Each Intermediary active in Belgium must be registered in a FSMA-held register. However, certain Intermediaries in Residential Mortgage Credit registered in an equivalent register with the competent authority in their home Member State are exempted from this requirement as they benefit from a passporting regime.
Chapter 4 will enter into force on 1 November 2015 and, to allow Creditors and Intermediaries time to comply with the new authorisation procedures and rules set out in Chapter 4, there is a transitional period during which Creditors and Intermediaries should obtain the necessary licences or registrations (please see Section 4 (Grandfathering rules in respect of new rules and procedures on licences and registrations (deadline: 30 April 2017)) below).
2.5 Title 5 –Sanctions
A breach of certain provisions of Book VII by a payment services provider, a Creditor or an Intermediary may result in certain administrative, penal and/or civil sanctions. Certain civil sanction are listed in title 5 of Book VII.
2.6 Title 6 – Out-of-court dispute resolution mechanisms
Title 6 of Book VII provides for the creation of an independent out-of-court dispute resolution mechanism.
2.7 Title 7 – Final provisions
Title 7 of Book VII restates certain general technical rules on how new Belgian Royal Decrees must be adopted when implementing Book VII.
Book XV of the Code of Economic Law grants particular civil servants certain special powers to detect infringements that may arise under Book VII (for example, through “mystery shopping”) and sets out the FSMA’s competences regarding its supervisory duties in relation to Book VII, Title 4, Chapter 4.
4. Grandfathering rules in respect of new rules and procedures on licences and registrations (deadline: 30 April 2017)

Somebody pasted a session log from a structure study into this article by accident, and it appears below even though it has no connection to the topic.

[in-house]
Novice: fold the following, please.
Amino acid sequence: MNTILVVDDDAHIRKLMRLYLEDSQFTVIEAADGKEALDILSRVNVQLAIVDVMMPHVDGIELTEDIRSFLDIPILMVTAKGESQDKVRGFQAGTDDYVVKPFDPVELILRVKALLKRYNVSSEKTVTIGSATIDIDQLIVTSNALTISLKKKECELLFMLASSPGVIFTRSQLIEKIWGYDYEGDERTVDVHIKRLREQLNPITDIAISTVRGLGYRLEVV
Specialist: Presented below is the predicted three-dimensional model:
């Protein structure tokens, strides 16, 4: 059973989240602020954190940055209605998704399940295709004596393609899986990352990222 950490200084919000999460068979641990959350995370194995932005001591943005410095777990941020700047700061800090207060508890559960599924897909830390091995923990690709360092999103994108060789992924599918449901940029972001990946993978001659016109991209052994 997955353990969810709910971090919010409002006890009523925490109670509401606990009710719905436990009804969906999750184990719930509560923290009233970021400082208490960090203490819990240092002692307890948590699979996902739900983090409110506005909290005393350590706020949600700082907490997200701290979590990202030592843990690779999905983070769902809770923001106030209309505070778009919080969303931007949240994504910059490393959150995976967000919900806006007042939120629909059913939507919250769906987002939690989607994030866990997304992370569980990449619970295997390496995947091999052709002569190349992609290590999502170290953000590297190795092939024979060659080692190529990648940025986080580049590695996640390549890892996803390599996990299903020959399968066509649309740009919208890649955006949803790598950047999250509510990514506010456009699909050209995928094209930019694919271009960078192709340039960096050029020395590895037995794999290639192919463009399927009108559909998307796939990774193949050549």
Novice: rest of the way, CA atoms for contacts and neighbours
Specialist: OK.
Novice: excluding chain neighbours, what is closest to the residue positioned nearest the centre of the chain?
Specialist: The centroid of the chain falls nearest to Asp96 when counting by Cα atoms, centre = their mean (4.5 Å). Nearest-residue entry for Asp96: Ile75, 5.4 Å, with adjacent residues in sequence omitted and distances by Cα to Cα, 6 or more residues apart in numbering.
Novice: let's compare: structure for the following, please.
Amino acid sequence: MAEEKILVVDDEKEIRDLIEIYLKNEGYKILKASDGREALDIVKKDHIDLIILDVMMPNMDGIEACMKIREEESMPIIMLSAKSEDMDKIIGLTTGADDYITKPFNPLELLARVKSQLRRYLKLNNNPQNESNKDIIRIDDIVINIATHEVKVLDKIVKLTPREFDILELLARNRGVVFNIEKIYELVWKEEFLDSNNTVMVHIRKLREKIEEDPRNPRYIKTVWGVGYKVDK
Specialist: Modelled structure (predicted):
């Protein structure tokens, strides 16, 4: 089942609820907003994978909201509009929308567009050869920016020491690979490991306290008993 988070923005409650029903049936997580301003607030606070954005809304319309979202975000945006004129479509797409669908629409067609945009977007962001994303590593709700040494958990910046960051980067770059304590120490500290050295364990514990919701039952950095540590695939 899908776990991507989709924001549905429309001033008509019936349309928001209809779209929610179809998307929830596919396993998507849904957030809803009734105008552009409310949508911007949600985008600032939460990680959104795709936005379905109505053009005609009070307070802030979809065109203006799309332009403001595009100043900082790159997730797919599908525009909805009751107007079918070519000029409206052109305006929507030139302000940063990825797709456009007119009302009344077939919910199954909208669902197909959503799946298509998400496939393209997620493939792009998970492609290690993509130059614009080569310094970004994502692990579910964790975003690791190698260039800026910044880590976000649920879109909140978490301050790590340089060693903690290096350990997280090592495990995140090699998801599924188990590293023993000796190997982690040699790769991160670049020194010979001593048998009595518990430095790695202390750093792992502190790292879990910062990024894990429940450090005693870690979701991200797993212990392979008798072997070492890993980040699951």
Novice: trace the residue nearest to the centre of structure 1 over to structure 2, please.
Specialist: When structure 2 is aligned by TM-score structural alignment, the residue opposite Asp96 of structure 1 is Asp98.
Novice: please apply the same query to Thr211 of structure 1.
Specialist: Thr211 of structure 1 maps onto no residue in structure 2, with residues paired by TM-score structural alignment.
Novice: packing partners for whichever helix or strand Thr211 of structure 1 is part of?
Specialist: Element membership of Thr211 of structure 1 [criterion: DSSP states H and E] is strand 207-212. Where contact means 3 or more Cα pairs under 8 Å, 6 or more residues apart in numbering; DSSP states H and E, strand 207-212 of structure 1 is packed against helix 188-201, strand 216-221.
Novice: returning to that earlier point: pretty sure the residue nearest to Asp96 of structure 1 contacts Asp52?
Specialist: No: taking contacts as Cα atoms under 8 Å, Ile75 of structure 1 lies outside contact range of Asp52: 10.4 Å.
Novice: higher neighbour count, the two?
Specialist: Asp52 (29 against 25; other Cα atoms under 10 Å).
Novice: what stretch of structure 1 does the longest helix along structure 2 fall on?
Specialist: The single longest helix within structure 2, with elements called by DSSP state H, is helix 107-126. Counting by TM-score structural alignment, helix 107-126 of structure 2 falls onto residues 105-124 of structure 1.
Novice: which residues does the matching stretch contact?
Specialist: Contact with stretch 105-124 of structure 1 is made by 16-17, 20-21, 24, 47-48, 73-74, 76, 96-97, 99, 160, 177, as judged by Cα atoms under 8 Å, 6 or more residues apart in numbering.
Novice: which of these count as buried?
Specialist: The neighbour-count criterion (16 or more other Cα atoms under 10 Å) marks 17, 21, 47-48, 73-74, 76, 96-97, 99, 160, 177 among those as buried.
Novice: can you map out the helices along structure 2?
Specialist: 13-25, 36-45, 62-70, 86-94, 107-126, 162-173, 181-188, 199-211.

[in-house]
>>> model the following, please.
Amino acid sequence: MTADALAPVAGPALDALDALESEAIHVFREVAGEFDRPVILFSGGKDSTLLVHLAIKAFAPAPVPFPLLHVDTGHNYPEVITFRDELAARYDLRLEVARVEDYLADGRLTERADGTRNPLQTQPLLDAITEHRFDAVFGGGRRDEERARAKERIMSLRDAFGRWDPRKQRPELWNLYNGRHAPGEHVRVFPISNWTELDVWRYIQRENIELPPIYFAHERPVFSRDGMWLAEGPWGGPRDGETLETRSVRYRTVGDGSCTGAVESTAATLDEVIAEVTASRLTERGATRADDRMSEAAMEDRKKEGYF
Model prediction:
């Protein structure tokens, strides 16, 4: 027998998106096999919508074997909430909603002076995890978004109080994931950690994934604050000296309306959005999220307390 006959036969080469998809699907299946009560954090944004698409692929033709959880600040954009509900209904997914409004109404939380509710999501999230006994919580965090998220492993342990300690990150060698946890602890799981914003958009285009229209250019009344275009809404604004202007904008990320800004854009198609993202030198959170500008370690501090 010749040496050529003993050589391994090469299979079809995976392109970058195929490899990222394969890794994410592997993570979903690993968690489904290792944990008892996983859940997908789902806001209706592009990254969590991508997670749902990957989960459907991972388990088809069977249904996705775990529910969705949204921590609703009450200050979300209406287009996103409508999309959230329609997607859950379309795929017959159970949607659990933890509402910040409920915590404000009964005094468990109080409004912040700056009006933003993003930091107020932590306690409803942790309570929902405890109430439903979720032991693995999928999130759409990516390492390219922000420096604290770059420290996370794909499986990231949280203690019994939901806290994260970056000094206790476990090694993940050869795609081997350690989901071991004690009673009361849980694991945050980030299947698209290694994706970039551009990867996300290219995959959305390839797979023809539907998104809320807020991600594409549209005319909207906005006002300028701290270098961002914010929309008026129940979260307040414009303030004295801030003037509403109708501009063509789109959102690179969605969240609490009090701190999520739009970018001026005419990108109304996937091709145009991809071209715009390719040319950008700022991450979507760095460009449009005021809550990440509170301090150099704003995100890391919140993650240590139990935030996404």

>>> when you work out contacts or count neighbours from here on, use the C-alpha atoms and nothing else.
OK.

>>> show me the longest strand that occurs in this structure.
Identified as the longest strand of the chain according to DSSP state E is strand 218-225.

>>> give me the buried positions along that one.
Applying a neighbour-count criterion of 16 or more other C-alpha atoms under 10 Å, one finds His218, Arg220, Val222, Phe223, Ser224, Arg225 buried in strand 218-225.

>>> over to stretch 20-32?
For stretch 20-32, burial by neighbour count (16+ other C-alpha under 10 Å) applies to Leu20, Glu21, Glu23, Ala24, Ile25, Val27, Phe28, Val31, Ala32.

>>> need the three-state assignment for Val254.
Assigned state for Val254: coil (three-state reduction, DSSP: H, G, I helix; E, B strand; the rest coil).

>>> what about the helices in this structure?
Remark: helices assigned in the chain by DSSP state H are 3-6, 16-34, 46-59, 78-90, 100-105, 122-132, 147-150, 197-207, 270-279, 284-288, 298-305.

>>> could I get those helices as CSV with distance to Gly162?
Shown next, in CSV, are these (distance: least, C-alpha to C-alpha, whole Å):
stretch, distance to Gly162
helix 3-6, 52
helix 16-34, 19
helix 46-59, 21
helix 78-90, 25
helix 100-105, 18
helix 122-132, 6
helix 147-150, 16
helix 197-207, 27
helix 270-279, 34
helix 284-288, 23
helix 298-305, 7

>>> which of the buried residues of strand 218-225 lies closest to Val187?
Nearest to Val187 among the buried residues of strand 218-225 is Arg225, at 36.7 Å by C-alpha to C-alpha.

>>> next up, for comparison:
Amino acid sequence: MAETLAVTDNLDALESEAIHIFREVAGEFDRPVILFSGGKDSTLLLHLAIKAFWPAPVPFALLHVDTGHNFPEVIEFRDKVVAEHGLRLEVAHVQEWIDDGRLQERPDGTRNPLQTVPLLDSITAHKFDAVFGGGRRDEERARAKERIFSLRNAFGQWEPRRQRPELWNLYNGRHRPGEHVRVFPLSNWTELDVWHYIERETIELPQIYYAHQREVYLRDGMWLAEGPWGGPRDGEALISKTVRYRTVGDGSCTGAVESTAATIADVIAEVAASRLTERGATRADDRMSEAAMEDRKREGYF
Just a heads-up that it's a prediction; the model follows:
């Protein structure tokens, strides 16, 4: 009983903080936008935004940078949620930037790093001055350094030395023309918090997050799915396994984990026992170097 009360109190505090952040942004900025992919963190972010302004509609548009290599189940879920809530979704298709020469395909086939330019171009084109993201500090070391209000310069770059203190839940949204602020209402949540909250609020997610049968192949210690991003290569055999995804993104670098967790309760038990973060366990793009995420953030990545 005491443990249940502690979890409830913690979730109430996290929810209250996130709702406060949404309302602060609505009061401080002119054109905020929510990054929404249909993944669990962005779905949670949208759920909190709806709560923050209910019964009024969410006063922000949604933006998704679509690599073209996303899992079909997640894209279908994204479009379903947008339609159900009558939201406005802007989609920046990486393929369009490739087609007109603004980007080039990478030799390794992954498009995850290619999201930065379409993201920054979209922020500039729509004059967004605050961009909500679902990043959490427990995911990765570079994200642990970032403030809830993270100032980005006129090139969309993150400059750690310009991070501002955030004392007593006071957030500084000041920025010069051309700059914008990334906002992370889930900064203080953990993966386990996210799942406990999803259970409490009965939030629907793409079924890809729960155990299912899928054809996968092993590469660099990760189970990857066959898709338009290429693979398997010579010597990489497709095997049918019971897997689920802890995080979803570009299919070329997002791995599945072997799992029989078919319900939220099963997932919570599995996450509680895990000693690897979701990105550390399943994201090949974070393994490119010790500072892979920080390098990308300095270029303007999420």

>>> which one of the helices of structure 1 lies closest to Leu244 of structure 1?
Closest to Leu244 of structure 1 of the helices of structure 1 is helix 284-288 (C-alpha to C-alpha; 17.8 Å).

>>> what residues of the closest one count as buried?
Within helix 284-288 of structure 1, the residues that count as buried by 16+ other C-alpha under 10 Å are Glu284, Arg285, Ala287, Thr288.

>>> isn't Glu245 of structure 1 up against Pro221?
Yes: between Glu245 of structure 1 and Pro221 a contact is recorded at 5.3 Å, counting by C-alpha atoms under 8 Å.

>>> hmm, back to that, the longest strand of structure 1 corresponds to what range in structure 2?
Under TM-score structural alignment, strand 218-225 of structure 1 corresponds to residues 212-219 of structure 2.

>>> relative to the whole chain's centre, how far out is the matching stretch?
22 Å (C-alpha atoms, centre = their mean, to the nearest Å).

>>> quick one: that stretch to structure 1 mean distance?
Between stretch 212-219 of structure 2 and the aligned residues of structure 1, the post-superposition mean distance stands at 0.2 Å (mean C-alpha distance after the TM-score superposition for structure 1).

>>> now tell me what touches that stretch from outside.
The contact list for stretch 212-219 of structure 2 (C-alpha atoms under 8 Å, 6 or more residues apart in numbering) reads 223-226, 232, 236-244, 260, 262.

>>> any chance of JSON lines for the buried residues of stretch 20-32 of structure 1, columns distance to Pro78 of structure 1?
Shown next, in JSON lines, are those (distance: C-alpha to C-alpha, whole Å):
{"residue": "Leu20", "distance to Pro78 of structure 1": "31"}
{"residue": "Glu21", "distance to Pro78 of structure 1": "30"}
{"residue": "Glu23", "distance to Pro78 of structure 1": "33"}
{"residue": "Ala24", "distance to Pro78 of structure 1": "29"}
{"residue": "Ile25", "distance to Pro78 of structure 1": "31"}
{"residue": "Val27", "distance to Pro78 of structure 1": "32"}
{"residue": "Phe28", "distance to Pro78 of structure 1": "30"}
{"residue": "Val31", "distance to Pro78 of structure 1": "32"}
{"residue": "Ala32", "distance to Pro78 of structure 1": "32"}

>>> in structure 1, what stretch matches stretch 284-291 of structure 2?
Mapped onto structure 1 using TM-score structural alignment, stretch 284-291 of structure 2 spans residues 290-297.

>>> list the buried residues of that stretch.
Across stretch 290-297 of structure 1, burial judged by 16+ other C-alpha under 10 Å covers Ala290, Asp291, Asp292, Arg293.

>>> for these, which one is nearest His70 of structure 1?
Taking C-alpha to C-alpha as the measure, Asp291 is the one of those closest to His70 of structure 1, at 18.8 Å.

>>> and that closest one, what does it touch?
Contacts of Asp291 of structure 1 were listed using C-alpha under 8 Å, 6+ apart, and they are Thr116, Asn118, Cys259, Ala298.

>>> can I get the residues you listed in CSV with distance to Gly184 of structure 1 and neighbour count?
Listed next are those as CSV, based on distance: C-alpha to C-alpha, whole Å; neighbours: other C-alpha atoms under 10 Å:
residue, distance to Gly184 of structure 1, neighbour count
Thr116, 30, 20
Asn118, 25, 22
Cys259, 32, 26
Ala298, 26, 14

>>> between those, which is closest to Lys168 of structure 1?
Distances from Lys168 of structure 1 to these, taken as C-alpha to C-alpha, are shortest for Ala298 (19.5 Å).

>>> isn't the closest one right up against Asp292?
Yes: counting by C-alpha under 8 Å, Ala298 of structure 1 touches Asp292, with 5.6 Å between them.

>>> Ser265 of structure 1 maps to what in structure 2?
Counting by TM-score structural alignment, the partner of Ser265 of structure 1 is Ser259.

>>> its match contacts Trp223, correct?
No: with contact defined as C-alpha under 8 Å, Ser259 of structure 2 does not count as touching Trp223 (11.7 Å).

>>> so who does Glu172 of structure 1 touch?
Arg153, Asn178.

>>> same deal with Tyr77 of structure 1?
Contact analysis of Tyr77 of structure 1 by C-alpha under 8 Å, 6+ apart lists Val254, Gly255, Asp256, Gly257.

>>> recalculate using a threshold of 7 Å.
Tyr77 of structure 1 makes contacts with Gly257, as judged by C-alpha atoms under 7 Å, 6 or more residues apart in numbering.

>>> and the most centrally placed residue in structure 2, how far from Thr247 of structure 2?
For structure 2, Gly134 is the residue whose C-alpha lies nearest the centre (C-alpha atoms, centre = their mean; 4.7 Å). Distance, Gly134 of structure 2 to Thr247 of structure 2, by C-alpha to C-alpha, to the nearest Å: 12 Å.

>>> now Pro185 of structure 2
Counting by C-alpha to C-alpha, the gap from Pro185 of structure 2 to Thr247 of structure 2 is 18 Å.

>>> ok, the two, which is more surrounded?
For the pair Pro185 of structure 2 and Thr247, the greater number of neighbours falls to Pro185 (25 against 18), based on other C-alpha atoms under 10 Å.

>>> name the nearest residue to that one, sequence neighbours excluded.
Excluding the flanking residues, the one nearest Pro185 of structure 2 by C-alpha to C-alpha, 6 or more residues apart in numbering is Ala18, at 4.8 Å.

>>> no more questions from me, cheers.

Those Creditors that are already authorised by the FSMA (Residential Mortgage Credit) and/or by the Federal Public Service Economy (Consumer Credit) may continue to provide Residential Mortgage Credit and/or Consumer Credit respectively. This authorisation is on the condition that they obtain a final licence from the FSMA within an 18 month-period starting from 1 November 2015 (so, by the latest, 30 April 2017). Such final licence is not required for certain regulated Creditors governed by the laws of another Member State which are already registered under the old Belgian laws on Residential Mortgage Credit and/or Consumer Credit, provided that they submit their standard form contracts to the Federal Public Service Economy within an 18 month-period starting from 1 November 2015 (so, by the latest, 30 April 2017).
Intermediaries in Consumer Credit who have already been registered with the Federal Public Service Economy and all Intermediaries in Residential Mortgage Credit (the latter Intermediaries were not subject to specific licence or registration requirements to act as an Intermediary for Residential Mortgage Credit), may continue to intermediate concerning Consumer Credit or Residential Mortgage Credit respectively, provided that they (i) were active as an Intermediary for more than 1 year prior to 1 November 2015 and (ii) obtain a final registration with the FSMA within an 18 month-period, starting from 1 November 2015 (so, by the latest, 30 April 2017).
Authors:Johan De Bruycker Kasper Van Landeghem Wim Legrand firstname.lastname@example.org email@example.com firstname.lastname@example.org